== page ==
Your first responsibility will be to create a complete and detailed timeline. Your job now is to discover and document how this happened – but not your interpretation of why this happened – as much as you want to invoke all your “I told you so!” instincts, this is not the time. A complete blow-by-blow timeline of how everything happened within your network is the primary information your command chain needs of you.

This information is what is required for legal, PR, and the board members – it should be the primary deliverable that all other workflow is derived around. Most importantly, this is what will most effectively keep management off your back. Expect to receive constant requests for updated status, but don’t let updating too often get in the way of work. Do not be afraid to push back and give yourself time to report more accurate findings. Make it clear that you can either deliver inaccurate information now, or accurate information in another hour. Your job is to enable informed executive decisions at this point, so set expectations that this is your goal clearly.

Things are going to get a little crazy, requests become orders and niceties fall to the wayside. In times of crisis, sanity becomes more important than pleasantries. Studies have shown that people would rather work with unfriendly, competent people, than unfriendly, incompetent people. This effect becomes more pronounced during times of crisis; do not worry about offending people by not being nice to them, worry about not adding to the insanity.

Inevitably, you are going to end up making some judgment calls that may be above your station and tasking people that you normally would have no authority over, on the understanding you’ll answer for it later on; so long as you make this clear at the time, any reasonable person should support you on this.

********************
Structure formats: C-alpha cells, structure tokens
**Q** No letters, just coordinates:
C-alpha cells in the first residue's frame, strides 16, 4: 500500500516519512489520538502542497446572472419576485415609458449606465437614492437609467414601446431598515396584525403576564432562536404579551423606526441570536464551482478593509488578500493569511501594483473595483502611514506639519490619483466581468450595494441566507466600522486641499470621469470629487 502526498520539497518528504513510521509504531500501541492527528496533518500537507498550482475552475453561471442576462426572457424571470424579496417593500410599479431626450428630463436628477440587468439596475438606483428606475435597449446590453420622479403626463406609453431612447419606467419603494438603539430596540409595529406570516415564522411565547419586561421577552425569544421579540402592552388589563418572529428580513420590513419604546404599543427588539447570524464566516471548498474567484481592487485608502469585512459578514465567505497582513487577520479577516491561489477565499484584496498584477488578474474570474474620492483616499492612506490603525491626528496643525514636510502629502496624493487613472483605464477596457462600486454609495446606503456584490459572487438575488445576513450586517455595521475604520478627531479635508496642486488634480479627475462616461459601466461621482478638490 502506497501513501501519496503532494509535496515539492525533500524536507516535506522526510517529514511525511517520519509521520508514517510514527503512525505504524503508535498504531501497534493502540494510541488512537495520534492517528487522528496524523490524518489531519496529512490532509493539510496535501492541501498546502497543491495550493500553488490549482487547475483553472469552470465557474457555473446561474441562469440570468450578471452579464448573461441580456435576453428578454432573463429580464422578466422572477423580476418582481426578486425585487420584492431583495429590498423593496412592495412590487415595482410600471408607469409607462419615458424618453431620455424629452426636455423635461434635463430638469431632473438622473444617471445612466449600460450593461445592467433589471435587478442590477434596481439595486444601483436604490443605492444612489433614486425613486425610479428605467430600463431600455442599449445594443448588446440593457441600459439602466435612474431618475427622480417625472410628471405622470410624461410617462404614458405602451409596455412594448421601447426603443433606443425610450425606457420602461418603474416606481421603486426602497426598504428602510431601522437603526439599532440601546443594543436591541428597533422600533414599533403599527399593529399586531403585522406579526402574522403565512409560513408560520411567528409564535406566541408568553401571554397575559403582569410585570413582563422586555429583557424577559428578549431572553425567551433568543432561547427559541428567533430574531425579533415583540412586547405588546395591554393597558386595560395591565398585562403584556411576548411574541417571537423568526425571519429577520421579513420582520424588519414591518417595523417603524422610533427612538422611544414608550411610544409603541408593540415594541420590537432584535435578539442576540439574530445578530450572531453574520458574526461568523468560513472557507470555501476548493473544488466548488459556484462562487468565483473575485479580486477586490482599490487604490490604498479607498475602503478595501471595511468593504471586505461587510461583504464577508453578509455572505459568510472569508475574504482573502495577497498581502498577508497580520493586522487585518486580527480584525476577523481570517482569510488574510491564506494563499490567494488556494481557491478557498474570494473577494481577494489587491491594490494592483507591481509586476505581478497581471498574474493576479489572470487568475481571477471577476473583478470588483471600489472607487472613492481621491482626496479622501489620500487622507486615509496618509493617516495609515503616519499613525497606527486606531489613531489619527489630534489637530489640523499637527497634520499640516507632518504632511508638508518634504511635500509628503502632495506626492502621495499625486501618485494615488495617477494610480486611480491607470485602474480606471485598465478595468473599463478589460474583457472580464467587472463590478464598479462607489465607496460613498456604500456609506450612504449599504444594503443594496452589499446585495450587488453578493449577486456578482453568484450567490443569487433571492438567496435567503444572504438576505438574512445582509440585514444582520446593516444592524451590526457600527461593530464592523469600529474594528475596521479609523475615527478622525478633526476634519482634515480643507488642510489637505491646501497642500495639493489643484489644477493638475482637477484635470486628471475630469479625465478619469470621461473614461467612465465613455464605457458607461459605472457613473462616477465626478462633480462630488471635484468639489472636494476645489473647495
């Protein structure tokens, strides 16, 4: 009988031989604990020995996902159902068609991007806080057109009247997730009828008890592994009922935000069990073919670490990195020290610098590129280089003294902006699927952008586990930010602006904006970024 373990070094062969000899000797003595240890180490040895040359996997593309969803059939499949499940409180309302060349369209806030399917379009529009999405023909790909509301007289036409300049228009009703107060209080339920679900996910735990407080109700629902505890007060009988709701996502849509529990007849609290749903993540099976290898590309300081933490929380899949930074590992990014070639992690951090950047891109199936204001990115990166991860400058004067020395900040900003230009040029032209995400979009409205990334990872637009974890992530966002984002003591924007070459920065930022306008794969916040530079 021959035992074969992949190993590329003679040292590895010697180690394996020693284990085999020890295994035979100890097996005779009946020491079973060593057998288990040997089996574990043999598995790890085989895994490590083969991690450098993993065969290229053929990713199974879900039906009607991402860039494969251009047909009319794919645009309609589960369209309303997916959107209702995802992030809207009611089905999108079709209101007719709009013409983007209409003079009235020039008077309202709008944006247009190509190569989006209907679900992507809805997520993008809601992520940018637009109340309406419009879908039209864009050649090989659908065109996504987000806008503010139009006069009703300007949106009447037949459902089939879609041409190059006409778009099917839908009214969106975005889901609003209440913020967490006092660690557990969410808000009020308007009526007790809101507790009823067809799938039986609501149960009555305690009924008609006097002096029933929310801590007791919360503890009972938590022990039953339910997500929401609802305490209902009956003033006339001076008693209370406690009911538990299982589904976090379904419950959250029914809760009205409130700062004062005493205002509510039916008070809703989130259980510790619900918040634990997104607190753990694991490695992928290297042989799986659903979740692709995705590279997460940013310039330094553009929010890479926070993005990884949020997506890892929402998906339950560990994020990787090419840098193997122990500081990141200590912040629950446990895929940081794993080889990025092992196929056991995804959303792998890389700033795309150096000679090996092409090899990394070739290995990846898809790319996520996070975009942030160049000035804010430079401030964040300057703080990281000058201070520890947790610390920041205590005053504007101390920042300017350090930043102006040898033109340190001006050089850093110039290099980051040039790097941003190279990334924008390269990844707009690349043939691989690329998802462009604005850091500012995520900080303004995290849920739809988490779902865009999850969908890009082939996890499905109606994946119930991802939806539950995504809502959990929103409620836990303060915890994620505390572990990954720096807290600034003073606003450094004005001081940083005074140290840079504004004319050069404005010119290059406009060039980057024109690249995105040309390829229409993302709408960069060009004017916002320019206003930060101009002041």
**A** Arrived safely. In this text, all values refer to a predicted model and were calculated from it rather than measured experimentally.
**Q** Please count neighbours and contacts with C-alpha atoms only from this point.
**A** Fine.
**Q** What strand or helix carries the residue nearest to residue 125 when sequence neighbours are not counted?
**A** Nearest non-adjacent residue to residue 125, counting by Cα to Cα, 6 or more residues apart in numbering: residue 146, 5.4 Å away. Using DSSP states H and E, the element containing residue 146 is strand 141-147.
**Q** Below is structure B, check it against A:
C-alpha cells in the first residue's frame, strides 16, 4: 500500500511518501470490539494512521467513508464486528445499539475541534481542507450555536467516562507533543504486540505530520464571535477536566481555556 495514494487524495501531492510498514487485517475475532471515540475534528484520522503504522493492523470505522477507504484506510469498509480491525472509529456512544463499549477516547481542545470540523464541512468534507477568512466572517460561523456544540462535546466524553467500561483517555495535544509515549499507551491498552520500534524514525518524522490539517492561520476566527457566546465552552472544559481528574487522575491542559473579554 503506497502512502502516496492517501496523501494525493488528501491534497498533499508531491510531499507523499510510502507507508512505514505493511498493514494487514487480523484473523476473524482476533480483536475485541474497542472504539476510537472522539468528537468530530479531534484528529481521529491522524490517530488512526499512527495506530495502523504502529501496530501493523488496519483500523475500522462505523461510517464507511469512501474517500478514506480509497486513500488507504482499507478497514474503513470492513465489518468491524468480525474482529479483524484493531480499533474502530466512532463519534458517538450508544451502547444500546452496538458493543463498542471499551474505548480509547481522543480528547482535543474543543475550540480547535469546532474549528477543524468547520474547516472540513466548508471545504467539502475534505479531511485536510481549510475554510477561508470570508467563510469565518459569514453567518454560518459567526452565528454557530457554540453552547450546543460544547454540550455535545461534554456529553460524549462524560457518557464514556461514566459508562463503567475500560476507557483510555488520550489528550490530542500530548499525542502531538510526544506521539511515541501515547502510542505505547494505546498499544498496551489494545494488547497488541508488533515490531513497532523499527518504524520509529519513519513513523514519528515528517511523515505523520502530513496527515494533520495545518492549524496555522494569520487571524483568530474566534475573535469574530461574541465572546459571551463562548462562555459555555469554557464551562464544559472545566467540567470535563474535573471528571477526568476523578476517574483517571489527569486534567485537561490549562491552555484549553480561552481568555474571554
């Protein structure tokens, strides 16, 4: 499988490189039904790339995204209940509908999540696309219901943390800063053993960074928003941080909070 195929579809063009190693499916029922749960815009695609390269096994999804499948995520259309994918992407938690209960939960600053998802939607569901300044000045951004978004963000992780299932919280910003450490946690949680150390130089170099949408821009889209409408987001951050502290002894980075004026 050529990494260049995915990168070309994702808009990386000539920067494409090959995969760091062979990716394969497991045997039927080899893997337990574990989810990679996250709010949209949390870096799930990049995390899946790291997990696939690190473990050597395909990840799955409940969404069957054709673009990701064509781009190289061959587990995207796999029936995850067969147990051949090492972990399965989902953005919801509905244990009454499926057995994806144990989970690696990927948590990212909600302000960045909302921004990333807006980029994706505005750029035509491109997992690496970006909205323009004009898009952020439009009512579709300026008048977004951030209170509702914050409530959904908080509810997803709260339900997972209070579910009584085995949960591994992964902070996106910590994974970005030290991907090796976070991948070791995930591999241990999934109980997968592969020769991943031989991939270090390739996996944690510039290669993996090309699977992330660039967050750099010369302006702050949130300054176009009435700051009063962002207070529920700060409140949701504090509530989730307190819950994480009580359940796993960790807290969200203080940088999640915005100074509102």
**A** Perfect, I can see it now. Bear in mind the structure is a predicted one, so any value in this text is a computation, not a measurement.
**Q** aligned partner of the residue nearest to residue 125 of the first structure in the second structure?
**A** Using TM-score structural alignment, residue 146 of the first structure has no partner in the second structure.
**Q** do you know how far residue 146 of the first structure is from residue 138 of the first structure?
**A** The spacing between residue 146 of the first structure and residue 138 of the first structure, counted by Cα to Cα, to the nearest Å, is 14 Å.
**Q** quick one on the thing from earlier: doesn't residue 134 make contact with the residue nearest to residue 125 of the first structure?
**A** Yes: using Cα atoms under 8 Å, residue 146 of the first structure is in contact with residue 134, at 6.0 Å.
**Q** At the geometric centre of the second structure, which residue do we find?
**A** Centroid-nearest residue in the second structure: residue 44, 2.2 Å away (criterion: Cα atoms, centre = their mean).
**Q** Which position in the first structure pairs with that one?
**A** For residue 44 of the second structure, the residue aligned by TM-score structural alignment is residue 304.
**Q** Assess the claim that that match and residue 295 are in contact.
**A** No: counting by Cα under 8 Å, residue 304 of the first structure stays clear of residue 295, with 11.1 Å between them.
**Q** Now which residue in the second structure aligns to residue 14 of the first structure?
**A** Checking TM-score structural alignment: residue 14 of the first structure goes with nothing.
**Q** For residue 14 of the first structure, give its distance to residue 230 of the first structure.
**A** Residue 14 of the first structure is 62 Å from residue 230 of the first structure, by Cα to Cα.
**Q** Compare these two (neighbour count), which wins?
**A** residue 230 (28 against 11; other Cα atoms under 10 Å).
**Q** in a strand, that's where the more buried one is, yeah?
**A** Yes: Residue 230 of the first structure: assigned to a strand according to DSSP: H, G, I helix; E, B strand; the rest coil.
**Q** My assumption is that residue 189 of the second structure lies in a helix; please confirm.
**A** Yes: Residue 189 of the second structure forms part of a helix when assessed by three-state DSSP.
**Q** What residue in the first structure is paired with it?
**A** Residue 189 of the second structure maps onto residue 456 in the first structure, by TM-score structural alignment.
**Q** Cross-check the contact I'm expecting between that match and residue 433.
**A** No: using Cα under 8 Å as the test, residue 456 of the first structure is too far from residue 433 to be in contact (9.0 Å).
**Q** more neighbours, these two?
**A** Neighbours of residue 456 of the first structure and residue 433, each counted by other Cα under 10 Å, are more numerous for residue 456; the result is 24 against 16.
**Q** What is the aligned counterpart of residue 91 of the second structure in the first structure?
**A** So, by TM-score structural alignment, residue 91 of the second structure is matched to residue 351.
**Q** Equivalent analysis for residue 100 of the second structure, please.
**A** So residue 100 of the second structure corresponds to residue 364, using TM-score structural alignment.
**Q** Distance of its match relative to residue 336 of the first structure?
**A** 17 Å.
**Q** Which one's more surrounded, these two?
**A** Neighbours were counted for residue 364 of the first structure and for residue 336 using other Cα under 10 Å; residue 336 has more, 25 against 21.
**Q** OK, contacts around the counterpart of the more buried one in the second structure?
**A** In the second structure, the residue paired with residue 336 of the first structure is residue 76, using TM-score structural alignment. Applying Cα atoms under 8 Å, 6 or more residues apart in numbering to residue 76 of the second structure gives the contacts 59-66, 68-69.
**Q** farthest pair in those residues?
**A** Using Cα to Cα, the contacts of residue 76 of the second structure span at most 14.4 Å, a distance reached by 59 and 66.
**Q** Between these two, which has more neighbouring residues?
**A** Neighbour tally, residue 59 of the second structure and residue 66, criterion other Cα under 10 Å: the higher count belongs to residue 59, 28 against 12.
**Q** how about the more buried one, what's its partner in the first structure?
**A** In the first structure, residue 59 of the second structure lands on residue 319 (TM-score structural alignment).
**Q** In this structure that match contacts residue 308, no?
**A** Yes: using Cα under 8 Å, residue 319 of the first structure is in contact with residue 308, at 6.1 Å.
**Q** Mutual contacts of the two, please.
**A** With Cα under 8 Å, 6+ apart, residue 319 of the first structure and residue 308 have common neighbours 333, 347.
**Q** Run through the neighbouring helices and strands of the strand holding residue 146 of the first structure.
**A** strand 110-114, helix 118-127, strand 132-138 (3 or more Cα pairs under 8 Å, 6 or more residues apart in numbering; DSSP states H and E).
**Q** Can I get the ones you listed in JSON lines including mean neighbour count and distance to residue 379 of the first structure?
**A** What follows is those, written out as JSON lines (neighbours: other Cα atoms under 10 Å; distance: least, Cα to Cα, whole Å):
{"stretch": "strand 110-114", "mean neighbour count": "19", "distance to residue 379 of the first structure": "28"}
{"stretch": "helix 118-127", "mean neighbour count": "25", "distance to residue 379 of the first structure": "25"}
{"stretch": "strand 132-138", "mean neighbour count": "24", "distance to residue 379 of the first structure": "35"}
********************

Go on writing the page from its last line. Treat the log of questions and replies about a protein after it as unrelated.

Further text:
As the long hours and sleepless nights count up, remember that there is an end and life will return to normal once more. If public disclosure of your breach is required, know that it is a double-edged sword. You may well experience great catharsis in knowing that the truth is finally out there, but you must come to terms beforehand that the PR spin engine will be operating at full pace and you will be under a mountain of non-disclosure.

People working in information security generally tend to be self-reliant types and the idea of using support resources outside of your own network of friends and family may seem alien, even repellant to you, but if you work for a suitably sized organization they will have employee councilors, who can be bound to the same NDA’s you are. Don’t underestimate the value of having someone you can legally discuss things with.

Handling a corporate breach is likely to be one of the most intense moments of your security career; you wouldn’t be faulted for wondering if it’s time for a career change because of it. Remember however, that in the world of incident response, there are two types of people – those that have been through a major breach, and those that haven’t. Your employer will, in all likelihood, continue to remain in business and you will continue to remain employed. In this day and age, it is an accepted truth that all organizations will be breached at some point – what is important is how you handle it. Manage the stress, try not to say anything you can’t take back and realize that you are going to come out of this with experience that you can’t learn in any lab, or simulated exercise.